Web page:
imperial authorization for shogunal investiture

江戸幕府の征夷大将軍‎ The Tokugawa Shoguns

Tokugawa Ieyasu 徳川家康 (1543–1616) - the first Shogun
..... He received the title sei-i taishōgun in 1603
Tokugawa Hidetada 徳川秀忠 (1579–1632)
Tokugawa Iemitsu 徳川家光 (1604–1651)
Tokugawa Ietsuna 徳川家綱 (1641–1680)
Tokugawa Tsunayoshi 徳川綱吉 (1646–1709)

Tokugawa Ienobu 徳川家宣 (1662–1712)
Tokugawa Ietsugu 徳川家継 (1709–1716)
Tokugawa Yoshimune 徳川吉宗 (1684–1751)
Tokugawa Ieshige 徳川家重 (1712–1761)
Tokugawa Ieharu 徳川家治 (1737–1786)

Tokugawa Ienari 徳川家斉 (1793–1853)
Tokugawa Ieyoshi 徳川家慶 (1793-1853)
Tokugawa Iesada 徳川家定 (1824–1858)
Tokugawa Iemochi 徳川家茂 (1846–1866)
Tokugawa Yoshinobu 徳川慶喜 (1837–1913) - the last Shogun

Tokugawa Tsunenari 徳川恆孝 (1940 - ) the 18th generation
His son, Tokugawa Iehiro , is a University of Michigan-educated translator.

- Tokugawa Branch Families
Tokugawa Mitsukuni of the Mito domain
Tokugawa Nariaki of the Mito domain
Tokugawa Mochiharu of the Hitotsubashi branch
Tokugawa Munetake of the Tayasu branch.

- - - - - The Matsudaira clan (松平氏 Matsudaira-shi)
Matsudaira Motoyasu changed his name to Tokugawa Ieyasu
Other branches were formed in the decades after Ieyasu, which bore the Matsudaira surname. Some of those branches were also of daimyo status.
Matsudaira Katamori of the Aizu branch.
Matsudaira Sadanobu, of Shirakawa
- - - - - 4 Key genealogies
4.1 Main line (Tokugawa shogun)
4.2 Hoshina-Matsudaira clan (Aizu)
4.3 Yūki-Matsudaira clan (Echizen) - Fukui Domain and Tsuyama Domain
4.4 Ochi-Matsudaira clan (Hamada)
4.5 Hisamatsu-Matsudaira clan (Kuwana)
4.6 Ogyū-Matsudaira clan (Okutono)
- - - More in the WIKIPEDIA !

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tairoo, tairō 大老 Tairo "Great Elder" - chief councillor
roughly comparable to the office of prime minister.
- - - More in the WIKIPEDIA !


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A COMPLICATED PATCHWORK
The system for maintaining law and order during the Edo period differed fundamentally from our modern system in that law enforcement and criminal justice were carried out by the same organs. That is to say, one agency or office carried out the functions that are today performed separately by police, prosecutors, and the courts. This means that the administrative and judicial functions of government were merged rather than deliberately separated as they are in modern democratic states.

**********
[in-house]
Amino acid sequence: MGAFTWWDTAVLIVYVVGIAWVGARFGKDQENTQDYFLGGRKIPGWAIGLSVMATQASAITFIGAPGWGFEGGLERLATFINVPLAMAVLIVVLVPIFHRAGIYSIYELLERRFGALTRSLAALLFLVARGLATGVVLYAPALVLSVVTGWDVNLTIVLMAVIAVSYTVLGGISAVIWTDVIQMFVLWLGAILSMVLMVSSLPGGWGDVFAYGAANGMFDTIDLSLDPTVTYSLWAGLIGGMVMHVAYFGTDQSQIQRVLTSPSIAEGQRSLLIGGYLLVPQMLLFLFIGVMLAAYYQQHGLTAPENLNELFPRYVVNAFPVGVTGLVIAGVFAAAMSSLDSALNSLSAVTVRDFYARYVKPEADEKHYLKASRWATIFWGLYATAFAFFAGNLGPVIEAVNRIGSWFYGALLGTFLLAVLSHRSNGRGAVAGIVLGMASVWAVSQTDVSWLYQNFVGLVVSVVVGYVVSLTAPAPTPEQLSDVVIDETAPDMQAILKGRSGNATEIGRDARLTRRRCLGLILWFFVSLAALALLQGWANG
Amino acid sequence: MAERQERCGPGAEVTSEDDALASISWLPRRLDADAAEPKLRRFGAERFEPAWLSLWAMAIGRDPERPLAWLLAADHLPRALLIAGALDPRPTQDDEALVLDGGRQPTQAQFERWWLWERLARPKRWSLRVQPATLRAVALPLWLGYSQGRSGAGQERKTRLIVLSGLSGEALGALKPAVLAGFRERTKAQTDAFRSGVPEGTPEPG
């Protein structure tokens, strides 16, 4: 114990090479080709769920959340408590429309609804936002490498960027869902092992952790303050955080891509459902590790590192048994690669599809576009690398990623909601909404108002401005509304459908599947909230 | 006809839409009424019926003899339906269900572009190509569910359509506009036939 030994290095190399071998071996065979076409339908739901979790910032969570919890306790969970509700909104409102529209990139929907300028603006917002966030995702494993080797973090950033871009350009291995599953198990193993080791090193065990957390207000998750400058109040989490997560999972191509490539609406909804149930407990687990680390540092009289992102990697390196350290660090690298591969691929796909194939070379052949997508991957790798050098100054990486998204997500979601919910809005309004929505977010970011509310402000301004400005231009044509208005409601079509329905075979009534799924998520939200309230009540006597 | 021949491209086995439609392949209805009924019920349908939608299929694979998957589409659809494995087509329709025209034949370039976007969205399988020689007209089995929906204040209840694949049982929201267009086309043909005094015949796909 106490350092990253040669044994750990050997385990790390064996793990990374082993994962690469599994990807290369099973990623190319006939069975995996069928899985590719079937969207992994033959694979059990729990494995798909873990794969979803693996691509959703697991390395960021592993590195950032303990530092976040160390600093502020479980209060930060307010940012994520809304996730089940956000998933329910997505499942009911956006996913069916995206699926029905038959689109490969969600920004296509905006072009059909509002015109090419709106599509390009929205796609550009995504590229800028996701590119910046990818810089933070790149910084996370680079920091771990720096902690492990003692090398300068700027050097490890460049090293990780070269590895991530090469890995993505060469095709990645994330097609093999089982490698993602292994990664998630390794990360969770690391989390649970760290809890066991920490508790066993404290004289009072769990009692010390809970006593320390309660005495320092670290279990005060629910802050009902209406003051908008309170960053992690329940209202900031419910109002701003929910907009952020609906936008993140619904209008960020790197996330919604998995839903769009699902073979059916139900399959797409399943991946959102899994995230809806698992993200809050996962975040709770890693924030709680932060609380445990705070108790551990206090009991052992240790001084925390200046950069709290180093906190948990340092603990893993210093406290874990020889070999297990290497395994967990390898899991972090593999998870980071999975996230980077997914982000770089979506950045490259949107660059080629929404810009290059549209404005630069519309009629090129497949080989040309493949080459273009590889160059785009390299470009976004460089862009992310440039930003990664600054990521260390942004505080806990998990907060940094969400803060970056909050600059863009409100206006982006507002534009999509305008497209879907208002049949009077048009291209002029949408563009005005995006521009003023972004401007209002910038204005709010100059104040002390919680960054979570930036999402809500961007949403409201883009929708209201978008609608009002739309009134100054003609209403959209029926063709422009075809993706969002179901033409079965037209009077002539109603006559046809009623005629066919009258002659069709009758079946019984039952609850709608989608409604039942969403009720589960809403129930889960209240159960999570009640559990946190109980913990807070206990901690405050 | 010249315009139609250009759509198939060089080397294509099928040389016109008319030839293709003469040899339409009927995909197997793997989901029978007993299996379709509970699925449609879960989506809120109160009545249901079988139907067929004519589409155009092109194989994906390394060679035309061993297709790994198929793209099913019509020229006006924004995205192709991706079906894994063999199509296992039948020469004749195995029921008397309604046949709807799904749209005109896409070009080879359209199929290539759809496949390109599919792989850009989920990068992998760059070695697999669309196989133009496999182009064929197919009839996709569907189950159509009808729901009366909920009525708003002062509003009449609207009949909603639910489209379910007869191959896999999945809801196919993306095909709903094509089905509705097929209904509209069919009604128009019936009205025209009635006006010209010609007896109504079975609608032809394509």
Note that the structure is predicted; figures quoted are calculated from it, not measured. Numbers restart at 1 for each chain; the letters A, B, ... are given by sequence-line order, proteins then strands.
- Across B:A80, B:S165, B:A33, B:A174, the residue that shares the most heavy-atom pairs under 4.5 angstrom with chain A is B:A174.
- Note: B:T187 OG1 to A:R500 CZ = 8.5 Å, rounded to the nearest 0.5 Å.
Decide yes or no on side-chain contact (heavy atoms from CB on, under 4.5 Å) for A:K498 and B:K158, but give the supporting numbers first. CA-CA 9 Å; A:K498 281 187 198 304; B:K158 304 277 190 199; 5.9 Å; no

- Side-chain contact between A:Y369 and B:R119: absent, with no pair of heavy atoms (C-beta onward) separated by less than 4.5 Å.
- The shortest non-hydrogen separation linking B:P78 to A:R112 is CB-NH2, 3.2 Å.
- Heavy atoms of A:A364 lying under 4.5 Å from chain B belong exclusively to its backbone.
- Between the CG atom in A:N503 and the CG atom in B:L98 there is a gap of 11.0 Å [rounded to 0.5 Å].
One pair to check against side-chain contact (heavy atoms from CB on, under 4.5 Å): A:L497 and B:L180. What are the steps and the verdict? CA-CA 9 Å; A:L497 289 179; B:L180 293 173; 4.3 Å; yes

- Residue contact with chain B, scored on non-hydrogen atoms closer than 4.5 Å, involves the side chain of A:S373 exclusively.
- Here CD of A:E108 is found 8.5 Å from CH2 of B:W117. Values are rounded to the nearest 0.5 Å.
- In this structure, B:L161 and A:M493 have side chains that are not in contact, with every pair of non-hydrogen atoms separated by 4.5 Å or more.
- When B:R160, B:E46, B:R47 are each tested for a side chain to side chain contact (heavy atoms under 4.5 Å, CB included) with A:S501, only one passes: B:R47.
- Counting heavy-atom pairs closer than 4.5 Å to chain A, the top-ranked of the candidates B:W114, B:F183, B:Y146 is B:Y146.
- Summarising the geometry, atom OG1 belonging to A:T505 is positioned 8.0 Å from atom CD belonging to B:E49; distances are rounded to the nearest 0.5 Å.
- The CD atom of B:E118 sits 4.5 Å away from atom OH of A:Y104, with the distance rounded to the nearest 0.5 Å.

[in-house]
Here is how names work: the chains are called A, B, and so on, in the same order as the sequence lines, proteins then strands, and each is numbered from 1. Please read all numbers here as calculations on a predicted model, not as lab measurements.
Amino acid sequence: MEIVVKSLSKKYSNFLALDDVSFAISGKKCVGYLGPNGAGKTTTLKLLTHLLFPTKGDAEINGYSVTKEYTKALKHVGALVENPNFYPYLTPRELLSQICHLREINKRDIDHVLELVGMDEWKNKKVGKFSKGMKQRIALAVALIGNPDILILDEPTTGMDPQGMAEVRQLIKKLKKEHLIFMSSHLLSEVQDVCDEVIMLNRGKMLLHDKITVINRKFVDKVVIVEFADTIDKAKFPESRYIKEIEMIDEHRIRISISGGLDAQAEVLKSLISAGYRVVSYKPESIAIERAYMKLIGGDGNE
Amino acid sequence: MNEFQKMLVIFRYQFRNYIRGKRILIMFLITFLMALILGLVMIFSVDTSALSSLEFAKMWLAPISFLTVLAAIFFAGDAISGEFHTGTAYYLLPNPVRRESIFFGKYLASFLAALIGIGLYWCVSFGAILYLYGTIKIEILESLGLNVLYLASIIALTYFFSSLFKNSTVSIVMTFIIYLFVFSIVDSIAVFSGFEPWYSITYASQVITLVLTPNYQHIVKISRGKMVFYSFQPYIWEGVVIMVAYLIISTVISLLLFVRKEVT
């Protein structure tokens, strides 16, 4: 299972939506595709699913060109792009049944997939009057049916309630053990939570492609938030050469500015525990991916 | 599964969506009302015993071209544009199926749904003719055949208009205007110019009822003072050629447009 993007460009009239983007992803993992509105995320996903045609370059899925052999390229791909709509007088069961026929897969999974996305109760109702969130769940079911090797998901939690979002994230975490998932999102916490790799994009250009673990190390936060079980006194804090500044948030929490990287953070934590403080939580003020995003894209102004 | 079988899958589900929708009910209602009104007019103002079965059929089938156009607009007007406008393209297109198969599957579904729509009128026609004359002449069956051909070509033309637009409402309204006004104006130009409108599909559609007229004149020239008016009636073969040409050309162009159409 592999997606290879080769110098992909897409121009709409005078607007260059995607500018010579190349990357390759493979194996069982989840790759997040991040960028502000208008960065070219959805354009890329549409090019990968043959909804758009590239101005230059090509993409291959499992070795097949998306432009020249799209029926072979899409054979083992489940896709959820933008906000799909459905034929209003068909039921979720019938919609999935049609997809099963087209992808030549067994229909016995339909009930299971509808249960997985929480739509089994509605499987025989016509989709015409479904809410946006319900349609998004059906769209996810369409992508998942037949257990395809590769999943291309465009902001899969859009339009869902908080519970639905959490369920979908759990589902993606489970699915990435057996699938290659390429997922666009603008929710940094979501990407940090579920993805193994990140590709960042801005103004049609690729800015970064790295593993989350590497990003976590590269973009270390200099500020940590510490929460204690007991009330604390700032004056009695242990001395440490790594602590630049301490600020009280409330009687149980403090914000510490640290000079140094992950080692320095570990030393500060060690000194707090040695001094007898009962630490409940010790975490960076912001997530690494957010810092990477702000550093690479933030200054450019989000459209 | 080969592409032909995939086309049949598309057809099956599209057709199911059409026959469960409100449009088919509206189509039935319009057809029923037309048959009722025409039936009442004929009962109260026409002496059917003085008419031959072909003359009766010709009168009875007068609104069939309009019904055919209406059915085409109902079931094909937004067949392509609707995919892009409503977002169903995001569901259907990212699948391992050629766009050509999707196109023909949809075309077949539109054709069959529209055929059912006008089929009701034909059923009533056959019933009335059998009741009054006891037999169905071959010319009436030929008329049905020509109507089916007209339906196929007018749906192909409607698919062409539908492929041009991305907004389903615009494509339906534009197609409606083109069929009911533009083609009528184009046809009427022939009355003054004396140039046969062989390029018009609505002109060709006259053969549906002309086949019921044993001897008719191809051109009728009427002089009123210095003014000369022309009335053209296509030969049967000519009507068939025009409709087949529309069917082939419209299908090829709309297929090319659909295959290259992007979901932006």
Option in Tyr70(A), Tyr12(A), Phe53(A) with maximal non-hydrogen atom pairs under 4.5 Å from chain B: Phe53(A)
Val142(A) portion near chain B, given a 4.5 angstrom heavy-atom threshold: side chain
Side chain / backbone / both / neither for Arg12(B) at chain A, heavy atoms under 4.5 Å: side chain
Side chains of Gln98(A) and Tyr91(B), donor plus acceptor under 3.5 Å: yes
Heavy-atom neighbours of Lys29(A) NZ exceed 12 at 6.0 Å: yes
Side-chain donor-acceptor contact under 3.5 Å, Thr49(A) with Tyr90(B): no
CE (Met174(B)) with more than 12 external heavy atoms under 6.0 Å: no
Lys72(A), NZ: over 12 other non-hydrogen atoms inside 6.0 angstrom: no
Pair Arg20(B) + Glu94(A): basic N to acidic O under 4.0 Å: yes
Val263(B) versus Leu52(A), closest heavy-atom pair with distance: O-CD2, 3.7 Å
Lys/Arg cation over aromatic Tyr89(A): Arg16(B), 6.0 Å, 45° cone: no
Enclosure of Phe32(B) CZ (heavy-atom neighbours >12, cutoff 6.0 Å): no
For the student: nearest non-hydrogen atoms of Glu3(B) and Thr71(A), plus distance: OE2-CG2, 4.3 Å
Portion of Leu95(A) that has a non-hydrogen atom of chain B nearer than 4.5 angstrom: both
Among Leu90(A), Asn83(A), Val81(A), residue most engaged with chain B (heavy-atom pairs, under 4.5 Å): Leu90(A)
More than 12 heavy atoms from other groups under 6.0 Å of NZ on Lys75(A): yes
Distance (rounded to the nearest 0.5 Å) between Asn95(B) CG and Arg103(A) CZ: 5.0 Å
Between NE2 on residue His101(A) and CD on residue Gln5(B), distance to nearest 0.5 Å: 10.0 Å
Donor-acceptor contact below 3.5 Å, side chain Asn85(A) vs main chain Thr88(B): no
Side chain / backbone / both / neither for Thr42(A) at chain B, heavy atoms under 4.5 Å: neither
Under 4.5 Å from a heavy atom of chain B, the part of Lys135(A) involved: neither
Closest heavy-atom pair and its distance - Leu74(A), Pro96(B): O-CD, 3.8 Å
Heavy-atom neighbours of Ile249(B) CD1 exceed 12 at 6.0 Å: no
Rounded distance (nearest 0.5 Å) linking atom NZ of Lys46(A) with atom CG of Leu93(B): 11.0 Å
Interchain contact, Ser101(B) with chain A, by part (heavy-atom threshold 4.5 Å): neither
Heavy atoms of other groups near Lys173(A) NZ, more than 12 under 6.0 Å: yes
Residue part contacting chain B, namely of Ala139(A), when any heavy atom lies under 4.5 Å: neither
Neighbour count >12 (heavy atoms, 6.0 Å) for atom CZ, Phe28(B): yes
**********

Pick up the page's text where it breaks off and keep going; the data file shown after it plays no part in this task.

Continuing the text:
Although the Tokugawa shogunate held sway over the daimyô (lords) of all the country’s domains, the administration of each of these domains was left to the individual daimyô; in principle, the shogunate administered only its own domains. However, since the administrative apparatus of each domain, including law enforcement and criminal justice, closely resembled the system established by the shogunate, an examination of the latter system should be sufficient to provide an overview of law enforcement in the Edo period.

The top administrative post under the shôgun was that of rôjû, or senior councillors. (At times a tairô, or chief councillor, was appointed as a superior to the rôjû, but this was not a permanent post.) Typically, the shogunate appointed four or five rôjû from among the fudai daimyô, lords of the domains that Ieyasu, the first Tokugawa shôgun, had originally granted to his loyal vassals in the early seventeenth century. The rôjû generally took turns managing the shogunate’s administrative affairs according to a monthly rotation system, although they came together to confer on matters of importance. Ranking just below the rôjû were the wakadoshiyori, or junior councillors. They were also chosen from among the fudai daimyô and likewise served according to a monthly rotation. Since the rôjû and wakadoshiyori together made up the top administrative organ of the Tokugawa government, they were inevitably involved in matters pertaining to law enforcement and criminal justice, whether directly or indirectly.